To Gig or Not to Gig?

To Gig or Not to Gig?

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Are you wondering how the Gig Economy might affect your small business?

For many small businesses, I guess “to gig or not to gig” isn’t much of a question anymore. I just saw an infographic about the accelerating pace of small businesses hiring contractors, and I wonder about the short and long term implications.

If you dig into the data, you’ll find that 1 in 5 businesses are replacing employees with contractors. In the short run, it can make a lot of sense. You don’t have to worry about the long term commitment, fluctuating demands and capacity, health insurance, etc. On the other hand, I’m a little worried for the small business owner who thinks there isn’t much of a difference between an employee and a contract worker. If you treat your contract workers like employees, the IRS might classify them as employees, and that can be an accounting (and financial) disaster.

I have a friend who runs a service business. She has employees and also uses contract workers to meet fluctuating demand. She stopped using one of the contractors because the need for their services dried up. The contractor called the IRS, the Department of Labor, etc. My friend ended up having to pay taxes and penalties and the contractor also ended up receiving unemployment compensation. It would have been easier and better for  my friend (and the contractor) if the contractor had been classified correctly in the first place (or the work had been structured differently so that the contractor was truly a contractor).

If you have questions about how to classify a worker (employee or contract), I urge you to get clarity from the appropriate governing body. The IRS has a helpful website which you can access here. If you need further clarification, you can contact the Department of Labor. I do NOT recommend doing whatever you think you can get away with and praying nobody finds out. It’s not the right thing to do and, if you do get caught, it will make things worse than they might have otherwise been.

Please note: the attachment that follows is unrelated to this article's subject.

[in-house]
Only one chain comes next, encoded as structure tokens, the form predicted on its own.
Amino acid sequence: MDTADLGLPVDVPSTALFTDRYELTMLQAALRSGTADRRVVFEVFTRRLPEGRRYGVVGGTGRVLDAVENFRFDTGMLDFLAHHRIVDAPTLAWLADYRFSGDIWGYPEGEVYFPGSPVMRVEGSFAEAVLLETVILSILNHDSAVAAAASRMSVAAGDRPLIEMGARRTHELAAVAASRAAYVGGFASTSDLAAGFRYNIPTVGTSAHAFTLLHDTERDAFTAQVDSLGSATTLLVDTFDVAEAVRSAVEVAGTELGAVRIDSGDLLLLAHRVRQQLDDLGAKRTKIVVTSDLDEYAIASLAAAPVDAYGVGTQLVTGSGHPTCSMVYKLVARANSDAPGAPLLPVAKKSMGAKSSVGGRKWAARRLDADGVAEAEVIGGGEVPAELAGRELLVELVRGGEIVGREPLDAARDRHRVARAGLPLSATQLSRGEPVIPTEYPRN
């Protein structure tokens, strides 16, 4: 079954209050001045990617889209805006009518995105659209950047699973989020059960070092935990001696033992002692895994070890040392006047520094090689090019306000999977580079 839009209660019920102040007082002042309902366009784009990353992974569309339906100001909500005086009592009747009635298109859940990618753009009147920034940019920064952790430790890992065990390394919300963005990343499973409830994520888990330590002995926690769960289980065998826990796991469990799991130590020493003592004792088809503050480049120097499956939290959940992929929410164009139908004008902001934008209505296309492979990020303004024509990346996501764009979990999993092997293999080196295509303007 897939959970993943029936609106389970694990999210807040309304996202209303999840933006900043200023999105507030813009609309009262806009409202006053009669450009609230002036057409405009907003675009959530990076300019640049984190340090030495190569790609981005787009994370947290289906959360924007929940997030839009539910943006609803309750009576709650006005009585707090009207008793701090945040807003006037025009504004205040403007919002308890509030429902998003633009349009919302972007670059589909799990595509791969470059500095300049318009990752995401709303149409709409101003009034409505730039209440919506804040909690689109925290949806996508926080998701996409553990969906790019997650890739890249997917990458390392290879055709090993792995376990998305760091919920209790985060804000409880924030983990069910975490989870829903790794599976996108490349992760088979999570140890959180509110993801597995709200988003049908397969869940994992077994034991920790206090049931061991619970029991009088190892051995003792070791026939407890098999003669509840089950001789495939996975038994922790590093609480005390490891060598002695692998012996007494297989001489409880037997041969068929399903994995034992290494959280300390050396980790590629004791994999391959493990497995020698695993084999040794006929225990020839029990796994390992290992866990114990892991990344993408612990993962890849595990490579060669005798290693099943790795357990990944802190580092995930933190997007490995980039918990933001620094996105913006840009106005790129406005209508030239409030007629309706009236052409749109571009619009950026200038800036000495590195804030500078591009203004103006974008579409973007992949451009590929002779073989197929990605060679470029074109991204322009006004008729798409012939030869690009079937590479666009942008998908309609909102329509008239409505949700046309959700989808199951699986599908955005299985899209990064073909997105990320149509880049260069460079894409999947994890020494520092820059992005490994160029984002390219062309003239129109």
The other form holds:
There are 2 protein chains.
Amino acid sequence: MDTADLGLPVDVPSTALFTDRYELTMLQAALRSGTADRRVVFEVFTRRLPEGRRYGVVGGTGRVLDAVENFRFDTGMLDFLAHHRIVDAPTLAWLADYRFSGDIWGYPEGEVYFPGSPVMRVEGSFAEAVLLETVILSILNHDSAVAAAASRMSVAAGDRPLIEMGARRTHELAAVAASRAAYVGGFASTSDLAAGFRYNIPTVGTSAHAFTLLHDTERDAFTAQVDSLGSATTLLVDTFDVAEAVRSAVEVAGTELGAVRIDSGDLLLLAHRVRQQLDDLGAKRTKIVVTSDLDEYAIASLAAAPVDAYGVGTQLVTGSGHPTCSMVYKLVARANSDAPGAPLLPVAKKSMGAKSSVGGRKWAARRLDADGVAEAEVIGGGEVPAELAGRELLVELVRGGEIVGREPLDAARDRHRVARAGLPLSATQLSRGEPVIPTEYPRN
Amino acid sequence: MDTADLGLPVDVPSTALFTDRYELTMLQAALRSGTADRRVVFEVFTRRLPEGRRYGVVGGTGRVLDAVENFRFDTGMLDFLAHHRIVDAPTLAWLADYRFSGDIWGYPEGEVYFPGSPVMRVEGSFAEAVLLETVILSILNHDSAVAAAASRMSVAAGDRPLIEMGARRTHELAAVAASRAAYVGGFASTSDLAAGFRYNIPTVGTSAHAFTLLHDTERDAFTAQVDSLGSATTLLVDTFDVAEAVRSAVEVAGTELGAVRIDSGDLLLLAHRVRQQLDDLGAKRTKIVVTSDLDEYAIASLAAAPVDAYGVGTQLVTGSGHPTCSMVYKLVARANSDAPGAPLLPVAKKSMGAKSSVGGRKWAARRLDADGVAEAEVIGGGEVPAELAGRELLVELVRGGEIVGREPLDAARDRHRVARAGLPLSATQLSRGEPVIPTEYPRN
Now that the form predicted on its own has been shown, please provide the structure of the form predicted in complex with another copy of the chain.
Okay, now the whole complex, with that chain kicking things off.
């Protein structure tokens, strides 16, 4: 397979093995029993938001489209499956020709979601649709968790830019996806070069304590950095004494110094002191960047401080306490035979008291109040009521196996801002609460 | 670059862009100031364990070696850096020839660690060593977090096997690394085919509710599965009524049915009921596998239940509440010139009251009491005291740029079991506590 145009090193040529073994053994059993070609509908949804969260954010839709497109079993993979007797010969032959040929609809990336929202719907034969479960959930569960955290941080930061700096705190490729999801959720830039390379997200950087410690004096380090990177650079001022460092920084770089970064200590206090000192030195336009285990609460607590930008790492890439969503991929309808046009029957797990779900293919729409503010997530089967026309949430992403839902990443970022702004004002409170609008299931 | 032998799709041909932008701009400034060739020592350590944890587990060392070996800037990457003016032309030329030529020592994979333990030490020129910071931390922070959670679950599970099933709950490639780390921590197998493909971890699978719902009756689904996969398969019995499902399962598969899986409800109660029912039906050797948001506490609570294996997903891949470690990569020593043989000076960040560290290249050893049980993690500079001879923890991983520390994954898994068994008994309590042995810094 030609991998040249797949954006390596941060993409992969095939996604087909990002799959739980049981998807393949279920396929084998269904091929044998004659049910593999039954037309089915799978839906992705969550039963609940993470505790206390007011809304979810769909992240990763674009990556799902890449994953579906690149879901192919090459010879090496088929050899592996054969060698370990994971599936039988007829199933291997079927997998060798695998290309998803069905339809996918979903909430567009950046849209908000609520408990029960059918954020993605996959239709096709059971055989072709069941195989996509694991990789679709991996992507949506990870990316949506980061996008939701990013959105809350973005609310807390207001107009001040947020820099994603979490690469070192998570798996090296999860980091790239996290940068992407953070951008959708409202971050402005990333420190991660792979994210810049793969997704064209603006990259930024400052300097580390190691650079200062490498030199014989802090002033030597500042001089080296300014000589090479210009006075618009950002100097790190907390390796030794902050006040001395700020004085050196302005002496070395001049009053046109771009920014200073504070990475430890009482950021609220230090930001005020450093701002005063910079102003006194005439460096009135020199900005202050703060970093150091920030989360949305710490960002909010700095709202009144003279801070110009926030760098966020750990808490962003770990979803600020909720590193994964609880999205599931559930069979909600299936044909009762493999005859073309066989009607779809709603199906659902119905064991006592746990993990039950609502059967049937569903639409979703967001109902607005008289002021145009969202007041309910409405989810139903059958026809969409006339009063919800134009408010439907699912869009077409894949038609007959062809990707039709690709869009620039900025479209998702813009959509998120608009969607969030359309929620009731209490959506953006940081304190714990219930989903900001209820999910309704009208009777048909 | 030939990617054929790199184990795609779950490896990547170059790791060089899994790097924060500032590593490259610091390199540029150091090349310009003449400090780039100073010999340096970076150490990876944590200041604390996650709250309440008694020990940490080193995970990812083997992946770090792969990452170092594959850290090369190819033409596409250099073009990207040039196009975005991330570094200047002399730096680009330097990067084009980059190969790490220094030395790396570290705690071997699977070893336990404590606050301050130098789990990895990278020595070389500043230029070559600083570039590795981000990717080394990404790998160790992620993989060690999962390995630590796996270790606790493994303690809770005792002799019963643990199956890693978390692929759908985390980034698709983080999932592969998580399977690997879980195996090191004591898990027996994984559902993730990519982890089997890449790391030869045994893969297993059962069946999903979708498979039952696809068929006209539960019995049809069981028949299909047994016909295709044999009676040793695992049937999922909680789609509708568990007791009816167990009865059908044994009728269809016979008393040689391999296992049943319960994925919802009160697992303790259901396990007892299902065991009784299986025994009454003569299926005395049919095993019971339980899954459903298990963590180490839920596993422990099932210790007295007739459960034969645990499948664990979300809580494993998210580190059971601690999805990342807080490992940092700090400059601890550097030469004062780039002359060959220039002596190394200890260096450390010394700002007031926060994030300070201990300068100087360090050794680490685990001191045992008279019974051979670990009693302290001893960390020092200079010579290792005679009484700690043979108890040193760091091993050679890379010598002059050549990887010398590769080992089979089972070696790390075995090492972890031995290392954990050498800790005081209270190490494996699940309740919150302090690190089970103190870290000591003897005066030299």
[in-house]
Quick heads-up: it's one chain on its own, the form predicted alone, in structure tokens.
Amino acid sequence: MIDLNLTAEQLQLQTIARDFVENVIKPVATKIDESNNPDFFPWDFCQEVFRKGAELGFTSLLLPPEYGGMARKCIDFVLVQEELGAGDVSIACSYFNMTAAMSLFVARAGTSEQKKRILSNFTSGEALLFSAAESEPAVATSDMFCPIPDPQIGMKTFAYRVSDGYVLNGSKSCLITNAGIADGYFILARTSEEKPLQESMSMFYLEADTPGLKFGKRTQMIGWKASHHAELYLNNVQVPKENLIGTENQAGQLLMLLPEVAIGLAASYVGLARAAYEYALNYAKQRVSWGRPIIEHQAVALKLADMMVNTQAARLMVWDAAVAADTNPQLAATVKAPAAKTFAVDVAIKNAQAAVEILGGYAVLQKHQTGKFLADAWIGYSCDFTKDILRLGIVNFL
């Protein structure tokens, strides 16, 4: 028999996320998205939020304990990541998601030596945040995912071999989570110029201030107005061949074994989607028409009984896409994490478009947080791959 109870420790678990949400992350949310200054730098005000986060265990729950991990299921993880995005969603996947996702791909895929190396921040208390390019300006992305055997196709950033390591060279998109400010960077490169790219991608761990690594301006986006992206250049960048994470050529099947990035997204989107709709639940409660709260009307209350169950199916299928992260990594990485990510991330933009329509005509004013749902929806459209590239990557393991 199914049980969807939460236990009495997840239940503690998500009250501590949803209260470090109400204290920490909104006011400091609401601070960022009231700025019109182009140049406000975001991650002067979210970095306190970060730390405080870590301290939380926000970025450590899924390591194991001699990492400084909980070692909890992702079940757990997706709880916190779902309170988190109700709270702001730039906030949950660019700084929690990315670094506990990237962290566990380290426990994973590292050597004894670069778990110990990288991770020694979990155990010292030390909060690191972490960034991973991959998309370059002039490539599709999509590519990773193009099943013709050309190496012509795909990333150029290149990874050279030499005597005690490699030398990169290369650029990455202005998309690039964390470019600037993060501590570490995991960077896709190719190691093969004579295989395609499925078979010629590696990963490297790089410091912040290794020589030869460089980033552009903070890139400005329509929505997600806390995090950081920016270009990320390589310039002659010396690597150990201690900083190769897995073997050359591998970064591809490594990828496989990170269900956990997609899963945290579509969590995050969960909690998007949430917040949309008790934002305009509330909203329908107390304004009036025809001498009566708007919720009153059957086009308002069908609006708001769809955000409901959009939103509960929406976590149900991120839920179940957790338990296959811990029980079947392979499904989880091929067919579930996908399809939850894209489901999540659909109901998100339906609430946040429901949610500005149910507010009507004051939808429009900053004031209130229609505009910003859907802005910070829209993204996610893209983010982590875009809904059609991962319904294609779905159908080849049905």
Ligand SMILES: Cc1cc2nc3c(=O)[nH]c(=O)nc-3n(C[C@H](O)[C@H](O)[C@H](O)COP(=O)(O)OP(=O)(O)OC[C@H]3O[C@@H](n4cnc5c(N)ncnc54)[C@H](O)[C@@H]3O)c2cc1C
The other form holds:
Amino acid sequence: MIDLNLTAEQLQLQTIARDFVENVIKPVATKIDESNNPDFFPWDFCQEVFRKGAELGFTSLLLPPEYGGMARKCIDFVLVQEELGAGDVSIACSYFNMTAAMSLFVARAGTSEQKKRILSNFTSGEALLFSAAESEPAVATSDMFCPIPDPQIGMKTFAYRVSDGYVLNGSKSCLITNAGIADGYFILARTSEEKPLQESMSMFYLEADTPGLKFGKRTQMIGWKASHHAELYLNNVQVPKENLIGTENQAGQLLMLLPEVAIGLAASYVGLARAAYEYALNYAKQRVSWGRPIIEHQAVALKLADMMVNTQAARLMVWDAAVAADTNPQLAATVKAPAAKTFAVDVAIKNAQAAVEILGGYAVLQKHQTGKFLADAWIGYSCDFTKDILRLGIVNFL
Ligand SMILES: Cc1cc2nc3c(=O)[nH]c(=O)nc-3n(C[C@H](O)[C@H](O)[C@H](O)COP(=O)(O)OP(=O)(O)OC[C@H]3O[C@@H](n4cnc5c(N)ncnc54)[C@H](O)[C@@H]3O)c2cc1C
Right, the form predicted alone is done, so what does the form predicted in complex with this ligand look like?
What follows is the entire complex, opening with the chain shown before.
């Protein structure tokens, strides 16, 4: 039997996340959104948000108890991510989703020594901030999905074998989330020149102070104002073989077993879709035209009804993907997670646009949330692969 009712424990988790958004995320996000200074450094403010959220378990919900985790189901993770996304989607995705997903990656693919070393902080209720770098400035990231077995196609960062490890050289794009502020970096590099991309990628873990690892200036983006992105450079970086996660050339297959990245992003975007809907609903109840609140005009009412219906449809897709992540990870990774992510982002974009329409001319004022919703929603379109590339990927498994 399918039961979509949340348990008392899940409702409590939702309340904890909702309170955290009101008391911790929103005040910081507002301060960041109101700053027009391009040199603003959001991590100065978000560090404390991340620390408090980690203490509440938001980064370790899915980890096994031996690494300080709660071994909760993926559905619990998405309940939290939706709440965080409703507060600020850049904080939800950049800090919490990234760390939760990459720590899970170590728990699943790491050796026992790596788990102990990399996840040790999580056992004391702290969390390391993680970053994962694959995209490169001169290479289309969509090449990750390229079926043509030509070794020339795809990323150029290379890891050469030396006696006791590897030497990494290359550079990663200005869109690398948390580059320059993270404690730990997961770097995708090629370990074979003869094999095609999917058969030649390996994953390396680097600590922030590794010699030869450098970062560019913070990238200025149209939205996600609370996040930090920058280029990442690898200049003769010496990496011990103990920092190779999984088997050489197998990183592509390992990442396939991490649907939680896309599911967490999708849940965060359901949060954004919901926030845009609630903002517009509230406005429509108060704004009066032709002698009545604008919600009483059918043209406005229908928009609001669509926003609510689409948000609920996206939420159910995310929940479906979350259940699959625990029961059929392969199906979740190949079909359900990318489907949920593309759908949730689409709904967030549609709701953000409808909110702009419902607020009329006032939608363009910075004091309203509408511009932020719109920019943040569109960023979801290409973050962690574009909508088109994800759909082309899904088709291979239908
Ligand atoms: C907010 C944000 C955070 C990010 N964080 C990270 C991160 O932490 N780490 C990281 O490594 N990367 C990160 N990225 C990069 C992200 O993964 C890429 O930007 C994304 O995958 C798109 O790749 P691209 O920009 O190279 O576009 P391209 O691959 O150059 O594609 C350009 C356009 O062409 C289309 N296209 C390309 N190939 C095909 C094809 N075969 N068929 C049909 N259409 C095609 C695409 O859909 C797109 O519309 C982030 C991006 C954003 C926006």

As far as the long-term implications of the gig economy, I expect we’ll see further erosion of the employer-worker relationship. In the past there was within many companies a sense of mutual trust and loyalty between the organization and the people that worked there (whether or not this was a net positive might be debated, but it certainly created more stability in the workplace) . In the right circumstances, workplace stability can lead to improved morale and worker productivity. I’ve seen it time and time again in my own companies and the companies of those I’ve consulted with. Does it always? Of course not. This is business, not physics. But the trend was positive. These days I see so many companies and workers tossing one another aside like yesterday’s rubbish. Maybe in some cases that’s a good thing, but in lots of others it’s probably not.

One positive trend I’m seeing with the rise in the gig economy is the infusion of new ideas into an organization’s DNA. I recently hired a leader for one of my companies from outside the organization. She’s great at what she does, super knowledgeable. Initially we had some blowback from long-term employees that were concerned that she wasn’t doing things the way we were used to, but over time she’s been able to gain our colleagues’ trust by communicating her ideas (as well as the reason behind the ideas),  then proving her actions by the results they produced. It isn’t necessarily easy to integrate someone new but, in our case, it’s definitely been worth it.  You don’t know what you don’t know and sometimes it takes an outside perspective to move things forward.

What am I doing about the growing gig economy? In a sense, I’m having it both ways. In healthcare, we have lots of people who only want to work sometimes or occasionally. Even though they are employees, not contract workers, we’re able to use them on an as needed basis that serves them and us well. At the same time, I’ve had some good results hiring contract workers for specific tasks (such as doing design work and research). I’ll share some ideas on how to find the right contract workers in a  future post. In the end, we’re still primarily hiring employees, but I do see the benefits of hiring contractors as well.

How about you? Are you hiring contract workers? Are you replacing employees with them? What’s motivated you to make the choices you’ve made? Are you happy you’ve made those choices?

Comment below and let me know what you’re thinking.

And thanks for reading!

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